Researchers from the Harvard School of Public Health write that new research provides "convincing evidence" of the link between imidacloprid and the phenomenon known as Colony Collapse Disorder. Lead author of the study, Chensheng (Alex) Lu, stated that experiments showed a dose of 20 parts per billion of imidacloprid (less than the concentrations bees would encounter while foraging in sprayed crops)[citation needed], was enough to lead to Colony Collapse Disorder in 94% of colonies within 23 weeks.[15][16] The hives were nearly empty and the researchers did not find signs of the Nosema fungus or Varroa mites.[17] The researchers proposed two possible sources of bees' exposure to imidacloprid. The first is through the nectar of plants sprayed with the pesticide itself, which is predicted by researchers at the University of Stirling, U.K., to have widespread impacts as imidacloprid is registered for use on over 140 crops in at least 120 countries.[14] The second is through the high-fructose corn-syrup that most bee-keepers in the United States use to feed their bees. Since application of imidacloprid to corn in the United States began in 2005 cases of Colony Collapse Disorder have grown significantly: from losses of 17% to 20% throughout the 1990s to somewhere between 30% and 90% of colonies in the United States since 2006.[2][18]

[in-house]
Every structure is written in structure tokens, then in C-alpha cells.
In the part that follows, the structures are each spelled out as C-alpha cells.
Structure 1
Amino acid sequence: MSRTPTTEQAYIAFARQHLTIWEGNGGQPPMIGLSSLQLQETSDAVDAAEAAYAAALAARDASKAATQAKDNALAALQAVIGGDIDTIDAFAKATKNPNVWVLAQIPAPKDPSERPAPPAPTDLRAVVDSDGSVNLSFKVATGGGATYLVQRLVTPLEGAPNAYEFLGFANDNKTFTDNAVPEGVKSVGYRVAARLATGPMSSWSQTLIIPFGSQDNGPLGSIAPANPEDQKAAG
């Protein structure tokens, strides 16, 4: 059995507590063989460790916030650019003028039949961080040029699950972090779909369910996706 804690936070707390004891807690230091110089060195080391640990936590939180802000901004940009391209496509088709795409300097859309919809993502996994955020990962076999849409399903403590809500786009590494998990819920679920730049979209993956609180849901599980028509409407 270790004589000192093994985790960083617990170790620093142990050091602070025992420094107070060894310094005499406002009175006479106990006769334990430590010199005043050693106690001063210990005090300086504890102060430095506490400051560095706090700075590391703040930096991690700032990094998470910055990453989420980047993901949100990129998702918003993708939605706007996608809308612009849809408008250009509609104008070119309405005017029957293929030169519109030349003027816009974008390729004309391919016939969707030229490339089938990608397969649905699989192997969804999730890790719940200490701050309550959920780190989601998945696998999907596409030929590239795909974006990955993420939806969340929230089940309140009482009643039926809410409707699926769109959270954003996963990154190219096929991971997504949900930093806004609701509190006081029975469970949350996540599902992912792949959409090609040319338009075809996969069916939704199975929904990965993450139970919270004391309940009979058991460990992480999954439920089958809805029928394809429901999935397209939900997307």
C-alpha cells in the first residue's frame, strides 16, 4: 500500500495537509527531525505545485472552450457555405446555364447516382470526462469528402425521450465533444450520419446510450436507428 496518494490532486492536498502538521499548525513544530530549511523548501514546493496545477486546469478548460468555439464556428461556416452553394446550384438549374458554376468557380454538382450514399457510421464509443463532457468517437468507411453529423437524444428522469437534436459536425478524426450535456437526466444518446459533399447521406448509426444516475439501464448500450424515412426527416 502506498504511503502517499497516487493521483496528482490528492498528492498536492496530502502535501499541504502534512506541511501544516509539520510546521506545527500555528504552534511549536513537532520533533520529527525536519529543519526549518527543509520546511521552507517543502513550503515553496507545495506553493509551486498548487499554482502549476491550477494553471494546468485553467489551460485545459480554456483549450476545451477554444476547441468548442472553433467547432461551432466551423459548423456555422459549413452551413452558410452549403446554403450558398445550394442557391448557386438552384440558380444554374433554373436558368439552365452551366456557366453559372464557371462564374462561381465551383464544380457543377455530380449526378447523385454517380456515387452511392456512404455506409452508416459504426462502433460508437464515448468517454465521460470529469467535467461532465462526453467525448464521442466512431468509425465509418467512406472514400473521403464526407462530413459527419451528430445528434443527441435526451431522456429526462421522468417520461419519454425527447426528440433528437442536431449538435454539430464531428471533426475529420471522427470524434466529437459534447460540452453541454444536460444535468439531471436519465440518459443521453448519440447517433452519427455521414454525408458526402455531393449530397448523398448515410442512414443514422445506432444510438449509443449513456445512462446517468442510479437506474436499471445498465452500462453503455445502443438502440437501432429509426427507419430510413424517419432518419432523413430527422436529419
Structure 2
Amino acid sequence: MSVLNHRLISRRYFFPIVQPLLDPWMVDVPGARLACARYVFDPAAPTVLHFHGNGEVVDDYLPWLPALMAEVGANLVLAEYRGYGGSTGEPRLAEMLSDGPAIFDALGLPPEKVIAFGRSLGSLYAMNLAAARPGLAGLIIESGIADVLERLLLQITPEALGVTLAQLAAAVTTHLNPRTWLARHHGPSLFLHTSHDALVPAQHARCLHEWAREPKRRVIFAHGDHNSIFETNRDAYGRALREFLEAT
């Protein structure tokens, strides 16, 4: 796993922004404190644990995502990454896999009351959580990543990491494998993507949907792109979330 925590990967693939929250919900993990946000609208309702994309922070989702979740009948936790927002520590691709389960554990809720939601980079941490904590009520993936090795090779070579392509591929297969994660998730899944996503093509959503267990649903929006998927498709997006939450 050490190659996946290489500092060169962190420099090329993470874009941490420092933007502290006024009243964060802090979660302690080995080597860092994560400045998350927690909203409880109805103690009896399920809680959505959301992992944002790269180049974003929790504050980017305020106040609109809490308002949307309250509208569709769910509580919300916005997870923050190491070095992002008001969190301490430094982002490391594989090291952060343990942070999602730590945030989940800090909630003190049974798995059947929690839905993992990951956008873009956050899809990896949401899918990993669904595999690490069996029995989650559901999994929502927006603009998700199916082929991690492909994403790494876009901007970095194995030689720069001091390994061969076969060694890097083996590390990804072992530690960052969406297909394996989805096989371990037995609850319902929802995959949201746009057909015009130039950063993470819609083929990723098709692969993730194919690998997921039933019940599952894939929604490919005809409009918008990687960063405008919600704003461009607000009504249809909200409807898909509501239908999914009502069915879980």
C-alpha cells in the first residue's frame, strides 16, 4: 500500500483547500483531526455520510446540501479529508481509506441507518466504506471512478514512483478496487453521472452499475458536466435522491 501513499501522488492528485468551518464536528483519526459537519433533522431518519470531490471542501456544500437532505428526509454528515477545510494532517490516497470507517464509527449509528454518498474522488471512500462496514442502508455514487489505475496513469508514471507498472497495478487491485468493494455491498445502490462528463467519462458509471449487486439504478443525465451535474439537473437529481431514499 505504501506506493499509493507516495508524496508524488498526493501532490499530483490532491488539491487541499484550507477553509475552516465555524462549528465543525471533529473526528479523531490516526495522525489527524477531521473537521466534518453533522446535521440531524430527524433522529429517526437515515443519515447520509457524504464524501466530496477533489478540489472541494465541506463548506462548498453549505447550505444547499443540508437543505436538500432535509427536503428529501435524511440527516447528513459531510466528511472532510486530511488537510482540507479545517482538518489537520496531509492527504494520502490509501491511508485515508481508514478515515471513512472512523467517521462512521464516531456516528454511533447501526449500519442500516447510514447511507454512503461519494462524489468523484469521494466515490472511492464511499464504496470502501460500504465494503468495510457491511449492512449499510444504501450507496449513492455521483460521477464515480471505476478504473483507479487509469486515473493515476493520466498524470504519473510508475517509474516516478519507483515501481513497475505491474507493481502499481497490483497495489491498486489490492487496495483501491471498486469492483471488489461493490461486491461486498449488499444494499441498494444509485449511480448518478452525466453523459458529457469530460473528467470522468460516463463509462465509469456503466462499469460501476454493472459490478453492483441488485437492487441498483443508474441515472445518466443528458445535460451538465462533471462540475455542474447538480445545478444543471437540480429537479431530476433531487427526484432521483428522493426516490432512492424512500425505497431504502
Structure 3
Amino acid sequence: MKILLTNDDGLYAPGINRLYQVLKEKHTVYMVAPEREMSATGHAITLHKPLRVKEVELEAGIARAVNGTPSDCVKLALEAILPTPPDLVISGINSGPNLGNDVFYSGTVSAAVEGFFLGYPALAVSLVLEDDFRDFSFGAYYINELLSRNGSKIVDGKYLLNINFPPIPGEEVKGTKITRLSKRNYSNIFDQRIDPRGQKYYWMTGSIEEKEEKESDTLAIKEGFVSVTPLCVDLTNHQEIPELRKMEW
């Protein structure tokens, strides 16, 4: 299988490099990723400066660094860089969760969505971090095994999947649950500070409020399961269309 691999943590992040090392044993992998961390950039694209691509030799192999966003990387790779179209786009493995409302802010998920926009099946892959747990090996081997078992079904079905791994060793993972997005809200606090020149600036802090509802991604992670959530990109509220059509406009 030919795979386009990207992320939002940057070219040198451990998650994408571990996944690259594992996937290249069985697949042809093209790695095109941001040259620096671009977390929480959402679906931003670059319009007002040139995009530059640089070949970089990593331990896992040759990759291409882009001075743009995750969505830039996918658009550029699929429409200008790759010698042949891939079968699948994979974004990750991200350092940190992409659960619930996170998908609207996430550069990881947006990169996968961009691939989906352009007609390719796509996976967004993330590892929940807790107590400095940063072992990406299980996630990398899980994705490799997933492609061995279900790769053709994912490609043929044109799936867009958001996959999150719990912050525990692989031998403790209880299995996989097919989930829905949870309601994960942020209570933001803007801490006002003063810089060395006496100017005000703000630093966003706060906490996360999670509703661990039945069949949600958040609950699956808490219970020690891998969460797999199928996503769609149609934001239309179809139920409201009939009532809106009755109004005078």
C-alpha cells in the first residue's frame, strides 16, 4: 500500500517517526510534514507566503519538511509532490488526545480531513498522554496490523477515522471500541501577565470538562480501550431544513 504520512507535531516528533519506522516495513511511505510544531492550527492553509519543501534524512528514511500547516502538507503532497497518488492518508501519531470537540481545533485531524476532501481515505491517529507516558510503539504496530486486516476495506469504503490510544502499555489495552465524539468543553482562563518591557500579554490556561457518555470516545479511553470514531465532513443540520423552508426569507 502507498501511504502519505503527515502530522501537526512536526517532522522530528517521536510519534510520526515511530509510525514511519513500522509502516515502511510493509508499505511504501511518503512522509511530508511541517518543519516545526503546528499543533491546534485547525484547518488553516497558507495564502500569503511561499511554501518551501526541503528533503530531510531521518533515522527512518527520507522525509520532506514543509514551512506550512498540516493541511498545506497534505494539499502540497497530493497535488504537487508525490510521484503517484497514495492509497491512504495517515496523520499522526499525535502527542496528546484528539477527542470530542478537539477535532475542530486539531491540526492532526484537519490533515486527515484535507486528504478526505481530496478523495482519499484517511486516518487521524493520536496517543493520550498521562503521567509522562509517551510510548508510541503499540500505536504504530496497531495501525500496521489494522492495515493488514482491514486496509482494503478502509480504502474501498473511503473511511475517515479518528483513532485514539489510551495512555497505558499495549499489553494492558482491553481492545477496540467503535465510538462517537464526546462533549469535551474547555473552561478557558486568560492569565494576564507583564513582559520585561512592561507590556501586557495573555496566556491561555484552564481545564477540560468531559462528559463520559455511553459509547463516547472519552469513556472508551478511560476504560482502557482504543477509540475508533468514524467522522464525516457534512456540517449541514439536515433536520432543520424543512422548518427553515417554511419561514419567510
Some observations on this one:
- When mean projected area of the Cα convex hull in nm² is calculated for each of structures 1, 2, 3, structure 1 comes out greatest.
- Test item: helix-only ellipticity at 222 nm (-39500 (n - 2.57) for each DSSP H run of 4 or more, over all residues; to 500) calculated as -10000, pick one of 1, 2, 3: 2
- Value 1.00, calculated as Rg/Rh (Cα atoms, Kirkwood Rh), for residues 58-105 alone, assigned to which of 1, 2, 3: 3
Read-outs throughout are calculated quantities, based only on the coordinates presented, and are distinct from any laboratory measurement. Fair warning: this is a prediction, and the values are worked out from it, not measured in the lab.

In May 2012, researchers at the University of San Diego released a study that showed that honey bees treated with a small dose of imidacloprid, comparable to what they would receive in nectar and formerly considered a safe amount, became "picky eaters," refusing nectars of lower sweetness and preferring to feed only on sweeter nectar. It was also found that bees exposed to imidacloprid performed the "waggle dance," the movements that bees use to inform hive mates of the location of foraging plants, at a lesser rate.[19]

Also in 2012, USDA researcher Jeff Pettis published the results of his study, which showed that bees treated with sub-lethal or low levels of imidacloprid had higher rates of infection with the pathogen Nosema than untreated bees.[20] His research confirmed that done by Alaux (2010) and Vidau (2011), who found that interactions between Nosema and neonicotinoids weakened bees and led to increased mortality.[21][22]